My first night off Sicily and onto the Italian mainland I walked a road along the coast searching for a place to sleep. To my right the rocky land shot straight to the sky and to my left the road plummeted to a rough Mediterranean sea. The sun was already below the horizon and the world was set in hues of blue.
I could see the orange light of town a few miles ahead. From looking at the map I knew the town was probably too small to have a hotel, and I didn’t want to pay for one anyway, but it had a shallow beach where I could set my tent if it came down to it.
Savannah and I walked fast, my strides were full and Savannah’s muscular legs scurried along nearly at a run.
There was no shoulder on the road. The occasional car had to move over to avoid us. In twenty minutes, when the last of the light faded, the road would be treacherous. My cart had reflective edges and I would put my headlamp on, but even with those small assurances walking at night on a road with no shoulder was a gamble that couldn’t be won for long.
A man on a moped sputtered by then pulled over on a narrow strip of grass ahead of us. He had a big plastic bag on his back and bent over and kicked at the grass in search of plastic bottles.
I’d seen the man earlier, we’d been leapfrogging each other, and because I was searching for a place to sleep I wanted him to drive on. I didn’t want to be seen ducking off somewhere for the night. I wouldn’t get a good sleep knowing someone had seen me.
A few hundred meters before the strip of grass there was a sharp turn on my side of the road which led down to a few concrete platforms over the sea but below the road. There was a fence halfway down the road, but the place looked abandoned so if I could open the gate I’d stay there for the night.
I took the cart and Savannah with me. The man up the road didn’t see us disappear, but with any logic at all he’d realize there was only one place we could have went.
The gate was green and tall and from the end of the gate a chainlink fence followed the hill up to the road. The gate was tied to the fence in two places and with a little effort I could have unknotted the rope, and a few years before I would have, but I couldn’t do it this time. Some part of me had grown more rule-abiding.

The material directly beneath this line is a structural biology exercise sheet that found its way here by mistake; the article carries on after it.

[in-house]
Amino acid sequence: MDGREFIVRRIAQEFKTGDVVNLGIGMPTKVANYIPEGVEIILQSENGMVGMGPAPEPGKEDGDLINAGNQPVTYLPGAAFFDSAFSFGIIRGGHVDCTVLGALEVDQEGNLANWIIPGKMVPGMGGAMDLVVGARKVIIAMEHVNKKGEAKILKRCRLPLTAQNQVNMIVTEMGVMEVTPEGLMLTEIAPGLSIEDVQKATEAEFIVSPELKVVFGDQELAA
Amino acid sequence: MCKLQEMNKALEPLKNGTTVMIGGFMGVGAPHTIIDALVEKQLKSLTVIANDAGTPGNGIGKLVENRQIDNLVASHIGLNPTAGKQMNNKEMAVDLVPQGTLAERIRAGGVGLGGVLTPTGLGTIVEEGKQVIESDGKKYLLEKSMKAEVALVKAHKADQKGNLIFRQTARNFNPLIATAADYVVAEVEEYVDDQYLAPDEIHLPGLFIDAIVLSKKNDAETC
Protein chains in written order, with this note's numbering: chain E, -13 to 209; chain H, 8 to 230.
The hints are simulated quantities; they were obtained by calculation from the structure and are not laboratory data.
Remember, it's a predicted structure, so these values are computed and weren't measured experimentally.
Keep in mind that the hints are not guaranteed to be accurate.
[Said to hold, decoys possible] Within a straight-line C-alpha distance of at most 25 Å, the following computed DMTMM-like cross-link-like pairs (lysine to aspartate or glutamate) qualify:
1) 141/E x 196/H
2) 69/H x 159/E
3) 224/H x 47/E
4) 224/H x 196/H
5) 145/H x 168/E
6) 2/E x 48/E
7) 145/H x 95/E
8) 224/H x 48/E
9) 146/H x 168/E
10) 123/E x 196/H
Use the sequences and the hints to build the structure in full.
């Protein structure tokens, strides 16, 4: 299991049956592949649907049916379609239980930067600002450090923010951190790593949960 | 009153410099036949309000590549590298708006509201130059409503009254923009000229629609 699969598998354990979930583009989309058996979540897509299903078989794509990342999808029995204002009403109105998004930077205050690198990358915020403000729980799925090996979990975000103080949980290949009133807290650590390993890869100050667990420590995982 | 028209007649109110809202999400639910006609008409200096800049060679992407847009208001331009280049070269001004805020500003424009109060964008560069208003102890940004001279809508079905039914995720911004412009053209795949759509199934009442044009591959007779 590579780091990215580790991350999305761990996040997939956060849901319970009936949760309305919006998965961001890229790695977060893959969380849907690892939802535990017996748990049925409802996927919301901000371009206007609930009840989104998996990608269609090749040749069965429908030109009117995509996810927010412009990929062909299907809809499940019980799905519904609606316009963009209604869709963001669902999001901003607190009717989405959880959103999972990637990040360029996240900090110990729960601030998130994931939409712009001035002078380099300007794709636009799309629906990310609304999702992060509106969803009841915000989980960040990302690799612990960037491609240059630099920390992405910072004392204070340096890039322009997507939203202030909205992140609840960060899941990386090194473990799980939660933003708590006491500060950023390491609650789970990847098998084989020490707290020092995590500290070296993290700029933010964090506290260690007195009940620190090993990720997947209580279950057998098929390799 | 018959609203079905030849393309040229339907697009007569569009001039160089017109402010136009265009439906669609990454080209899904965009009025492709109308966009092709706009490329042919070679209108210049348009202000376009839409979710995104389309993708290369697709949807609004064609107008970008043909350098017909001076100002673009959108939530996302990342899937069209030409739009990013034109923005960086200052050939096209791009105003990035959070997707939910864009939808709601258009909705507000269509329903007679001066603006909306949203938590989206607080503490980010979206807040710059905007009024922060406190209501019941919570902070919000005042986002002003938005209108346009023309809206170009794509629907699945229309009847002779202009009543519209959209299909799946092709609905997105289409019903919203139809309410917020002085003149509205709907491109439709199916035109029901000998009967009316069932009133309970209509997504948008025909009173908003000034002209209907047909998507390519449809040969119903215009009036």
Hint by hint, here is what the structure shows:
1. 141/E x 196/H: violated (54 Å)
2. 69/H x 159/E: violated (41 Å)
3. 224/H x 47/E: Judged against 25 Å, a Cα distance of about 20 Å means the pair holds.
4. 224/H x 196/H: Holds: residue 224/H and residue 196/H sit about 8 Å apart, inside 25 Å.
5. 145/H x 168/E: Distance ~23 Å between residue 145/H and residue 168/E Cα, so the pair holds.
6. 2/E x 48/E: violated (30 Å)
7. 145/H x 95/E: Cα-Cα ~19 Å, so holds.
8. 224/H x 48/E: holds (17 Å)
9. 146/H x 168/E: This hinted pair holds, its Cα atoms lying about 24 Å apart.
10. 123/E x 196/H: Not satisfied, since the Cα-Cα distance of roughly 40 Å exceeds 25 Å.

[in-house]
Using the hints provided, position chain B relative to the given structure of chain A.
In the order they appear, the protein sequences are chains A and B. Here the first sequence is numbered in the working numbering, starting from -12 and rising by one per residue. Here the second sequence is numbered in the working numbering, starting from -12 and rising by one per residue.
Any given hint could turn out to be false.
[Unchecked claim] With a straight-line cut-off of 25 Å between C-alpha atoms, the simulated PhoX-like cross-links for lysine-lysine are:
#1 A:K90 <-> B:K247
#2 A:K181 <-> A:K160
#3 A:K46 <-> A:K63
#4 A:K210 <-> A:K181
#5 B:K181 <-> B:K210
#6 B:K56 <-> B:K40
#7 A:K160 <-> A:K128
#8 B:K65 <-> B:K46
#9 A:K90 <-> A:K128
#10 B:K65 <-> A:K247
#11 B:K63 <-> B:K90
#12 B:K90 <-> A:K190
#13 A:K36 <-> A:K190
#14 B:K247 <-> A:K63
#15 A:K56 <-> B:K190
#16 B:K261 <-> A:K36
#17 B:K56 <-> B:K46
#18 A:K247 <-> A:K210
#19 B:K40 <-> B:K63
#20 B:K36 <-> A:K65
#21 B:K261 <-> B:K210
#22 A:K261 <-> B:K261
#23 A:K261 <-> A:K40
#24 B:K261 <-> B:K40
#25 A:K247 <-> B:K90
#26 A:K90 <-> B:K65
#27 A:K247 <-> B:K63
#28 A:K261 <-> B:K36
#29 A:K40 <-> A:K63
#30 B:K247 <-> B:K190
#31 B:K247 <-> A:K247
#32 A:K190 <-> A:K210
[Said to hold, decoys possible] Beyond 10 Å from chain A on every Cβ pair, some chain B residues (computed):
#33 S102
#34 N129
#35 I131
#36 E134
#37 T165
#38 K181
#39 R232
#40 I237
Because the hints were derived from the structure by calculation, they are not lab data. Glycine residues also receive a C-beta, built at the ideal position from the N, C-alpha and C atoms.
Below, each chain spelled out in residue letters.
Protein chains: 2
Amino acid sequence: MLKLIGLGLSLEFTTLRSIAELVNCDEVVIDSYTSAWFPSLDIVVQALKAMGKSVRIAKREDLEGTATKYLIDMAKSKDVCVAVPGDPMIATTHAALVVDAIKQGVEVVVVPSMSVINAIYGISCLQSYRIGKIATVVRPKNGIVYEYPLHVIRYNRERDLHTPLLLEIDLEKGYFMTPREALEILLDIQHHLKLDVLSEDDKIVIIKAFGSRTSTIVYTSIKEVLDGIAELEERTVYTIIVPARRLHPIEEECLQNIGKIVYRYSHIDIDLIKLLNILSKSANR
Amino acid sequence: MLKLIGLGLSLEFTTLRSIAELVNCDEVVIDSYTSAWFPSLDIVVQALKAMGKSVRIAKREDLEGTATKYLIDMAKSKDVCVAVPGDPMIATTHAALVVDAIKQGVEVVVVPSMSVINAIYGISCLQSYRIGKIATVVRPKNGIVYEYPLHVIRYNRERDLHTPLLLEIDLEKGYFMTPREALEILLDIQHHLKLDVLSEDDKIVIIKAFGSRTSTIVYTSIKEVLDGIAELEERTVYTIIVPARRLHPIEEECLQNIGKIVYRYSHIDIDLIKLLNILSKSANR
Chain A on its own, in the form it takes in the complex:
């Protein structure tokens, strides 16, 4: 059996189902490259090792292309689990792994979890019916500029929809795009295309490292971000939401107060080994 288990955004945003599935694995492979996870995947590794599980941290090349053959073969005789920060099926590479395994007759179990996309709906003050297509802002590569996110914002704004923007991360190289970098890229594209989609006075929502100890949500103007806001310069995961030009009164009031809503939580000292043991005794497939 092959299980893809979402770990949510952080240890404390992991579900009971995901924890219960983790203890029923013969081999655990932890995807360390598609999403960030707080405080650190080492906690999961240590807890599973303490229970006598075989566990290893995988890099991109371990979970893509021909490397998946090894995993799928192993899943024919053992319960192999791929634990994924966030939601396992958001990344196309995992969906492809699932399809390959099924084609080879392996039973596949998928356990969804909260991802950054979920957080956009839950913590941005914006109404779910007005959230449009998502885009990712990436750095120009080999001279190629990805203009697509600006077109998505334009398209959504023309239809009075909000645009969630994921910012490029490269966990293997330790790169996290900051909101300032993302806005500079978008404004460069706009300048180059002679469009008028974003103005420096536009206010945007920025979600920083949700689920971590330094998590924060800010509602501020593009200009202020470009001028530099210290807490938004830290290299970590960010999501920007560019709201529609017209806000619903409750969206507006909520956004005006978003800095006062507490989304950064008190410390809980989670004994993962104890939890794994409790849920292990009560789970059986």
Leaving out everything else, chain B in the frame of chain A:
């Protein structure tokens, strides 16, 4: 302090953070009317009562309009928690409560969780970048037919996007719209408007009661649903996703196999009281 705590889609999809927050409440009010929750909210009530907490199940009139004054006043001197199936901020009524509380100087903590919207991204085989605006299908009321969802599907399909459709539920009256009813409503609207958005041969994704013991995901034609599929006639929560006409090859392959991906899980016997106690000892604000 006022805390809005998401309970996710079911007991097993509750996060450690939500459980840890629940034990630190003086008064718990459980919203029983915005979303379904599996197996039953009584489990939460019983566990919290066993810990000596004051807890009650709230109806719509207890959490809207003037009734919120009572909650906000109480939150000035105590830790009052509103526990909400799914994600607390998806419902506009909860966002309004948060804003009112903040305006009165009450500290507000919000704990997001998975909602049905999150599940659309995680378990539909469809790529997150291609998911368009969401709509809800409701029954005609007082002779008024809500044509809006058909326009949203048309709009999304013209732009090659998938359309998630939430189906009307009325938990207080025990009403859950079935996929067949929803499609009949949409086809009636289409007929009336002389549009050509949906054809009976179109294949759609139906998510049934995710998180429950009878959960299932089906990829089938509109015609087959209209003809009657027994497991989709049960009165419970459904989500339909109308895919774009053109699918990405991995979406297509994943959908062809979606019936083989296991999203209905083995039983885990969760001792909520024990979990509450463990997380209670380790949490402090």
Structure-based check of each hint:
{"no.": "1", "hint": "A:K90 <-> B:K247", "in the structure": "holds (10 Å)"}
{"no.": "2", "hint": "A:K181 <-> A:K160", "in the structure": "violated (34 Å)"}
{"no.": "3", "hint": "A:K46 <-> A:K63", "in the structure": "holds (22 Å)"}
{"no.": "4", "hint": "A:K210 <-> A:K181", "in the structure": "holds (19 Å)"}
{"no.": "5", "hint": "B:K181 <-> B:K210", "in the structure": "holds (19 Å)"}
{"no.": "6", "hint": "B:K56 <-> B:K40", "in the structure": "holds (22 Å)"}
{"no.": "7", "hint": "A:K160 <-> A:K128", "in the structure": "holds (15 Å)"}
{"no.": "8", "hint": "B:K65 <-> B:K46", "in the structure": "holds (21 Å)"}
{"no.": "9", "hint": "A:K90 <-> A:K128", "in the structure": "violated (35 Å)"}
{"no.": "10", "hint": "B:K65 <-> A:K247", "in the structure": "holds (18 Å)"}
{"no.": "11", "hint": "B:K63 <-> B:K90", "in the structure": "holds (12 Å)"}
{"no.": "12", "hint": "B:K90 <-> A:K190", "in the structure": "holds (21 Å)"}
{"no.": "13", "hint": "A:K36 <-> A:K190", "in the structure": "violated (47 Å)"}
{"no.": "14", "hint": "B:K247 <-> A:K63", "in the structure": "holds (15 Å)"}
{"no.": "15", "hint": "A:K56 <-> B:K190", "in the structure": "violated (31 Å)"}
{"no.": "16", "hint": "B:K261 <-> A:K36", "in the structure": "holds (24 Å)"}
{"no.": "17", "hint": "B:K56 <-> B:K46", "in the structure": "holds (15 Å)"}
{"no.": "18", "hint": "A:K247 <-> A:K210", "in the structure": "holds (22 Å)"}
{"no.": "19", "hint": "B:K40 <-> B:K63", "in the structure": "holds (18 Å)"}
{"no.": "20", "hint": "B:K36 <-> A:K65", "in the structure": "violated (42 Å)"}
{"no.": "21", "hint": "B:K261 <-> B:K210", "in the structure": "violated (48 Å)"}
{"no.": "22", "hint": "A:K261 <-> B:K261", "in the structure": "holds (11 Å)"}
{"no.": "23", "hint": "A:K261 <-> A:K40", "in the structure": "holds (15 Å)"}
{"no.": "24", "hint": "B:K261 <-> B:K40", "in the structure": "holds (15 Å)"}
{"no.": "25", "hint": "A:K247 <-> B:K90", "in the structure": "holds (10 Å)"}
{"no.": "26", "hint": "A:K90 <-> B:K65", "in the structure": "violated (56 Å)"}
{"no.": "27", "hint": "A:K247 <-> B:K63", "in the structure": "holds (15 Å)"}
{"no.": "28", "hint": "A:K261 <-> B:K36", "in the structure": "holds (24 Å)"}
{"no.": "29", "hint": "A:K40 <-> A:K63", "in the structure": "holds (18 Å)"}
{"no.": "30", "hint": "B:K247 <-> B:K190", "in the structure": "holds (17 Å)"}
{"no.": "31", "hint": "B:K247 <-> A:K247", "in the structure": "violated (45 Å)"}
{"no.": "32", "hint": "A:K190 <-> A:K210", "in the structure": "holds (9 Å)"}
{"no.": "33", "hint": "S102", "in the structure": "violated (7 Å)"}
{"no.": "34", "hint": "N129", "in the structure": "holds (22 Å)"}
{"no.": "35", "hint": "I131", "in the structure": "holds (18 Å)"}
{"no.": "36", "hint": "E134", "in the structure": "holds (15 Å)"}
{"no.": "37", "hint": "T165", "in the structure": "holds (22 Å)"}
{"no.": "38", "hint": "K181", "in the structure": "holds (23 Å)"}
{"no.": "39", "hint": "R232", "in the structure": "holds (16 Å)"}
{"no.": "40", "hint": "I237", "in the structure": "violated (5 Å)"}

I pushed the cart back to the road. We passed the man searching through the grass and even though we were both on a random stretch of coastal road at dusk he paid me no mind.
I walked as fast as I could without running. The light was dangerously low. We could make it to town in the last breaths of light but we’d have to move quickly.
Thankfully, around a bend in the road appeared a path down to a river.
From the road I couldn’t see what exactly was down there, but if there was a river letting out to the ocean then there and to be a path to the shore.
I let Sav off the leash and she ran down.
The river was about four feet wide and upstream it disappeared into the mountain. Beside where the river disappeared was a metal gate and behind the gate a road wove up to a house I could only partially see. There were no lights on, but someone probably lived there – the road was too well-worn.
We followed the river under the road and on the other side the air tasted of salt as the ocean crashed against the boulder-laden coast. Before the boulders a rusted door was built into the concrete foundation of the road and in front of the door was a perfectly flat space of dirt.
I banged my fist on the rusted door and when no one answered I laid out my tarp then set my tent.
By just about every measure I had as good a place as I could hope for; I was out of sight and tucked into a corner on public land. But I couldn’t relax.
I hadn’t been able to relax at a campsite since leaving Palermo.
The two months I’d spent with police escorts had messed with my head. Them preventing me from camping had given me their fear. I was in Italy, an exceedingly safe and developed country, and yet I was panicking at night like I was camping in Mexico for the first time.
I made peanut butter jelly sandwiches beneath the stars but when it started raining Savannah and I were pushed into the tent.